Sunday, July 10, 2011

0.5 hours Pilot in Command

How do you know someone is a pilot?

They tell you. Again, and again, and again...

Today I managed to convince a different instructor (Peter Swift) in a different plane (1946 Aeronca Champ) at a different airport (Harvey Field, S43) that I'm highly unlikely to kill myself in a plane. So unlikely, that he hopped out and let me fly it myself for a half hour!

I never learned how to smile for a camera. And the sun was in my eyes too.

I'm pretty damn excited.

BTW, I'm getting a Sport Pilot license which requires about 50% of the time and cost of the Private Pilot license. I can fly planes like the one above, and the new flying car that should make it to market in the next couple of years.

Saturday, July 9, 2011

Abandoned: CNC Mill

I don't know about the rest of you, but I start a lot of projects that don't reach completion. I've become emotionally attached to the parts that I dragged around with me so I'm loathe to part with them, but I thought I would start documenting them.

Back when I lived in San Francisco and had full use of my arms I bought a Rong Fu RF-31 Mill/Drill from Enco:

I was having a blast with it and lusting after making it CNC. But then I got a repetitive strain injury and lost the ability to wrench the bolts that hold the head in place. The mill languished for a long time at my studio at the Cataclysmic Megashear Ranch. When I moved to Seattle I left the mill behind in the care of Jamie Nasiatka. This was back in 2004, I haven't been a great friend and slowly lost touch with him. But a quick search just showed that he finished what I always intended: converting the mill to CNC.

I've since purchased a Mini-Mill that fits my shop and arm capabilities. Due to my CNC lust back in San Francisco, I purchased a number of the parts needed to convert the mill to CNC.

The parts are totally useless for my Mini-Mill.

Mini-Mill, small but easy on the arms.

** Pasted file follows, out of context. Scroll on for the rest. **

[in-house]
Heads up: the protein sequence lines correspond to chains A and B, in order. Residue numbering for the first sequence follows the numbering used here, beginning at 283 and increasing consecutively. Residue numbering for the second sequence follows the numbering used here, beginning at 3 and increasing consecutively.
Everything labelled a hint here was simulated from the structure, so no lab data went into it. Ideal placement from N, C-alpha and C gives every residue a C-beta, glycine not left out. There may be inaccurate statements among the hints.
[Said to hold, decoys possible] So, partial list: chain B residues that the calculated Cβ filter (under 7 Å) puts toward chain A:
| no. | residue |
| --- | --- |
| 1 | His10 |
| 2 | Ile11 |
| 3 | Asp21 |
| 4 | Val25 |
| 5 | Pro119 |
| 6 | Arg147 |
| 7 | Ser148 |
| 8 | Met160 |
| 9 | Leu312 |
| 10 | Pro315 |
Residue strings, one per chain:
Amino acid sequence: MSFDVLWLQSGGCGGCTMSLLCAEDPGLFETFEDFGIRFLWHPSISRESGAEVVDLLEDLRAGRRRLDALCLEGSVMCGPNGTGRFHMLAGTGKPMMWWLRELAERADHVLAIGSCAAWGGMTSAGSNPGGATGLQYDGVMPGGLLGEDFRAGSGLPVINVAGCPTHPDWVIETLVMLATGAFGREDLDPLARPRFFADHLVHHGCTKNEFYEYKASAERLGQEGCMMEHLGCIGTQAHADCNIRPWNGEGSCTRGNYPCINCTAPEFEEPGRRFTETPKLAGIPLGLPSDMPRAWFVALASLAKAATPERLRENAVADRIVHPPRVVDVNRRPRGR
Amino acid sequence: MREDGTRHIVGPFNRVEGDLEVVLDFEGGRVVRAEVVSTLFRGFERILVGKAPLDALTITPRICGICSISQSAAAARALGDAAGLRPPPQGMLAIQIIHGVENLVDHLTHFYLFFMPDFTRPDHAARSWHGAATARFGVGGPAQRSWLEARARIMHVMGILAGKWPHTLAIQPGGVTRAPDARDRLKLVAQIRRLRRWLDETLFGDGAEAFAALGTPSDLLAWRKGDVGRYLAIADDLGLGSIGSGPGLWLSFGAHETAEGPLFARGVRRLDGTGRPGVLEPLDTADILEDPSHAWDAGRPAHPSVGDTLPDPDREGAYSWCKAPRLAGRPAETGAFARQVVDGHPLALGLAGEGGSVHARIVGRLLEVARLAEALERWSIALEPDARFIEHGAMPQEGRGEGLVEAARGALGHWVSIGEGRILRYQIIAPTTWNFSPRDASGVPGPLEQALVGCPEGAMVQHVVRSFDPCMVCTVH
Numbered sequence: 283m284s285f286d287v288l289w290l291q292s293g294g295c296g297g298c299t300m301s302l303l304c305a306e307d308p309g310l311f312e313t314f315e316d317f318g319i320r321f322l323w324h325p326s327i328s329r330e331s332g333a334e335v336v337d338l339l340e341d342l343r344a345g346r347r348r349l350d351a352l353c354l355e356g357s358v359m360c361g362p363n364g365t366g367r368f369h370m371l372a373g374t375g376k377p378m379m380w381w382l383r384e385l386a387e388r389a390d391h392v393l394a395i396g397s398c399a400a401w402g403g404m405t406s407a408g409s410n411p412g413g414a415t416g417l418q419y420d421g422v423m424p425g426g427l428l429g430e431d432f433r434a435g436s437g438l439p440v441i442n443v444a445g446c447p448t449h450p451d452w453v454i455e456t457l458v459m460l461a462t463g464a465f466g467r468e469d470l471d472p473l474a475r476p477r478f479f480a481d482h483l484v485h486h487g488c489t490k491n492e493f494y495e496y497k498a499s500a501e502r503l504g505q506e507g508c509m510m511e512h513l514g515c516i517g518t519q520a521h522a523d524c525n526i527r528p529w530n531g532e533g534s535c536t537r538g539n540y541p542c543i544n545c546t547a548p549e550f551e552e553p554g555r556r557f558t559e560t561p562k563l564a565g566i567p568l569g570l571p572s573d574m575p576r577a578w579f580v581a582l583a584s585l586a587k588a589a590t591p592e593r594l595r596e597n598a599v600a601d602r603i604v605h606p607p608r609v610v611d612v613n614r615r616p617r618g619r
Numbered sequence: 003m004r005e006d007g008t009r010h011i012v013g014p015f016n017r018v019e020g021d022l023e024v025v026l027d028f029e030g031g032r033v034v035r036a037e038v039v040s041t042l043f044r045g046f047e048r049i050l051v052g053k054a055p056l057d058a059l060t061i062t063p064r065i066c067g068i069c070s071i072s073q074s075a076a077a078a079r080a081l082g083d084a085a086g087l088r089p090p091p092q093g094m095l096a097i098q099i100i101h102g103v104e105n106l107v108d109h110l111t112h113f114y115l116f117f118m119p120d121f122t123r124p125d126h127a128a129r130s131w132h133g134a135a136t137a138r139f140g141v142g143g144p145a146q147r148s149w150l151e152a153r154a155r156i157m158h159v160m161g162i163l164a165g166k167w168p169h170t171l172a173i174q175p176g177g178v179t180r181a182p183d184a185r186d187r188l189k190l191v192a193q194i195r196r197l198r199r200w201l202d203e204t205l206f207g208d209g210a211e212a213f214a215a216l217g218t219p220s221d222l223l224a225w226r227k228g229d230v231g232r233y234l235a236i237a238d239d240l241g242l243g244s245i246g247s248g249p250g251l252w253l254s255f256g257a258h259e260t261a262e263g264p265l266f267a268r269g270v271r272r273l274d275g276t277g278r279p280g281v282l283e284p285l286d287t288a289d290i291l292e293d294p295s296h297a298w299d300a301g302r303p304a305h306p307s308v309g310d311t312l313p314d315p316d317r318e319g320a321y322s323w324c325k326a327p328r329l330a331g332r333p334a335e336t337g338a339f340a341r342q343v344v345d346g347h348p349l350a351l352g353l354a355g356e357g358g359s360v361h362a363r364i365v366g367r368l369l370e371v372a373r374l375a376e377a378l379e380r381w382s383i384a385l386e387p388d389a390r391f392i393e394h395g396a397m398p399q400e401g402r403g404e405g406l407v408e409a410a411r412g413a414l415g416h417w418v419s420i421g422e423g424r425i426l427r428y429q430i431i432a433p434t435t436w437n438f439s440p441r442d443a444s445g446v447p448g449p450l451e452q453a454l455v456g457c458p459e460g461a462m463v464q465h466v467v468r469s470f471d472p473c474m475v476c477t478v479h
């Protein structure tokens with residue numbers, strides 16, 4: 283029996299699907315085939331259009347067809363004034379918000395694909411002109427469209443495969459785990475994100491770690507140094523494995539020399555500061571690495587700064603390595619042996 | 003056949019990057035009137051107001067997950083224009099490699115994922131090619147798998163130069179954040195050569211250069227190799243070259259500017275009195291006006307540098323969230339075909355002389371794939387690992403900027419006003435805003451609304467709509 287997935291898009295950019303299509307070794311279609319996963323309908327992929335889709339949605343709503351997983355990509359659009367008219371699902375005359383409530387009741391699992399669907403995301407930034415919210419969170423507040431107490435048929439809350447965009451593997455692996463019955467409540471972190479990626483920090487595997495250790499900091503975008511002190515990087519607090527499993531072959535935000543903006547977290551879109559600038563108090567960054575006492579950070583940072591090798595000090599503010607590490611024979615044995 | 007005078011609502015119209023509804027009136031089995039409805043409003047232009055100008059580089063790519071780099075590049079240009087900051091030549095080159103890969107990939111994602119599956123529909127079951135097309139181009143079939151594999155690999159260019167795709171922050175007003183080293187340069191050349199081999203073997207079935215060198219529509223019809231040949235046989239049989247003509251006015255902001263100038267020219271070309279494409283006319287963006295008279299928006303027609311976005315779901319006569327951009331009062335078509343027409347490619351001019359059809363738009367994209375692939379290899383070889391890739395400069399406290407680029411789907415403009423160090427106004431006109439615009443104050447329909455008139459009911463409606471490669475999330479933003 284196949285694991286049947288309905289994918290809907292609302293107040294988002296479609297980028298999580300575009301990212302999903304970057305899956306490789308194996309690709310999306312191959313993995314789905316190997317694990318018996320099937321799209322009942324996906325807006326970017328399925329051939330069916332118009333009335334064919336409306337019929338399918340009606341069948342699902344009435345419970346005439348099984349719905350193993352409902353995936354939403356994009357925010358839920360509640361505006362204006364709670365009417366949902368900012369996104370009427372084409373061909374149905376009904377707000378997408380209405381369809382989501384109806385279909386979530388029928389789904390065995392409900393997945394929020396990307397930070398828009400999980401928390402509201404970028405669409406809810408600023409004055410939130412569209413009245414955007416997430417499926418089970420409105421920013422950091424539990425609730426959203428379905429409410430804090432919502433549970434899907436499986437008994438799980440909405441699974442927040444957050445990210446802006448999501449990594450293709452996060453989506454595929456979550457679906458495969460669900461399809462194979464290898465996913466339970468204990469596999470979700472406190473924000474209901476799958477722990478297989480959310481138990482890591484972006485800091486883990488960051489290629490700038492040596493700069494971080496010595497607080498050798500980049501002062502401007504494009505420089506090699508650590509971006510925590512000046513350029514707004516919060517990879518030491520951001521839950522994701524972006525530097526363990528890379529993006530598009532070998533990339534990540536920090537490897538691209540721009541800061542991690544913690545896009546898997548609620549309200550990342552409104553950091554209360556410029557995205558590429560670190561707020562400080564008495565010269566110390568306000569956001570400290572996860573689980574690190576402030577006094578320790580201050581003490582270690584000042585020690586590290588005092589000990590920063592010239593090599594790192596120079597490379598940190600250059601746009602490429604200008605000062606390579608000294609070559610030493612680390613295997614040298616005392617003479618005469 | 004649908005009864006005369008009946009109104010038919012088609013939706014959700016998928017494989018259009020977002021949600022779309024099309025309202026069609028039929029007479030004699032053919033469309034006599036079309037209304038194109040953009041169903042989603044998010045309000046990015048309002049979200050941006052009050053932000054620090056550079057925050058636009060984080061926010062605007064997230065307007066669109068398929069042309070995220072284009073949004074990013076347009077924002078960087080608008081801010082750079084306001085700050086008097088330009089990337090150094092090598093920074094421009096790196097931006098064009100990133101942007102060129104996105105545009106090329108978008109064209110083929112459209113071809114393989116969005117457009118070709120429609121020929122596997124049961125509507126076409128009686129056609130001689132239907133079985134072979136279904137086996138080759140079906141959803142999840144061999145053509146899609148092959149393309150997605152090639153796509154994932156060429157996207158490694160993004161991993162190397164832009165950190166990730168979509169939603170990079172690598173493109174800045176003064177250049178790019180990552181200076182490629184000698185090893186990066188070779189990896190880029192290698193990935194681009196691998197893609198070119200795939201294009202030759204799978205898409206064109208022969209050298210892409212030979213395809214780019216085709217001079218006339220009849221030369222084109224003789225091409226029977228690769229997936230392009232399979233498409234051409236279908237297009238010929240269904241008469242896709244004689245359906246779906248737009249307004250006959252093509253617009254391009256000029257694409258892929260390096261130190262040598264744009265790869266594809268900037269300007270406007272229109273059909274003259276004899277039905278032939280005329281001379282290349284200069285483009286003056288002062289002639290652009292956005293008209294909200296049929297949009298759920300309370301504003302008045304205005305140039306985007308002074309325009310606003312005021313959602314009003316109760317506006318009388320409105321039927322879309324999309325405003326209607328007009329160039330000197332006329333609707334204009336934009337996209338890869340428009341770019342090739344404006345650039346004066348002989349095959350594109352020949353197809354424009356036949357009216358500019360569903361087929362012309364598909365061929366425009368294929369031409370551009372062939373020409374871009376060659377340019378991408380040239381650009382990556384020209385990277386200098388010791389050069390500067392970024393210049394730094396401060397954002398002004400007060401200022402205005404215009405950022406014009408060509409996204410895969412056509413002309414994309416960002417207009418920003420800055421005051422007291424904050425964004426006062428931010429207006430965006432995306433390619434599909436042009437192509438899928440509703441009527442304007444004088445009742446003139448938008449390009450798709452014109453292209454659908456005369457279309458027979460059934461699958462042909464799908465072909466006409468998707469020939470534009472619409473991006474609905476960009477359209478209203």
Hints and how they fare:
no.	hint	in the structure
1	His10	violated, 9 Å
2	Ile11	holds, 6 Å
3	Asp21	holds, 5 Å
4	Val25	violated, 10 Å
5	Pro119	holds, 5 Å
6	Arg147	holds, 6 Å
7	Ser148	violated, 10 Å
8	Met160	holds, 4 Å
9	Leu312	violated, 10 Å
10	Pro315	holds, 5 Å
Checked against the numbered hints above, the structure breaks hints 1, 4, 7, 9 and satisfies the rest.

Here are my parts that I'm still trying to come up with a creative use for:

36V 20A Linear Power Supply for the Motors, also from Dan Mauch

Old Servo motor drives from Gecko

Servo motors with encoders from Dan Mauch

Parallel Port breakout card (sorta useless since I don't have a computer with a parallel port anymore).

Possible uses:
power drive for the lead screw on the 9x20 lathe. I doubt I'll cnc it, but it would be an mighty accurate power feed if hooked up to an arduino.

Friday, July 8, 2011

data geekery and tuning

I finally finished my data acquisition for the bike. I used an Arduino with an SD Shield to capture the TTL serial data as output by the Cycle Analyst.

Arduino with SD Shield taped to back of bike.

I actually took the bike out to run some errands. One of the annoying things is that I'm using the current and speed control on the Cycle Analyst. It uses a PID loop to do this, and the defaults are tuned for a bike with less power than mine. That means it oscillates. If you look at the image below, this represents me running on flat ground with the throttle wide open. You'll see the PID loop cranking the amps up and down and the speed oscillating about 3mph. I'm trying out Tableau so you should be able to play with the data.

Full run coming back from Bartells :

eBike construction details

I had a great time giving a talk at dorkbot-sea about my build. Lots of great questions.

A couple of people asked how the motor is attached to the controller. Here's a close up that shows the torque plate machined out of 1/4" mild steel along with the motor wires with a drip loop.

Torque plate on left side of axle.

Battery Management System showing fully charged (except for one cranky cell)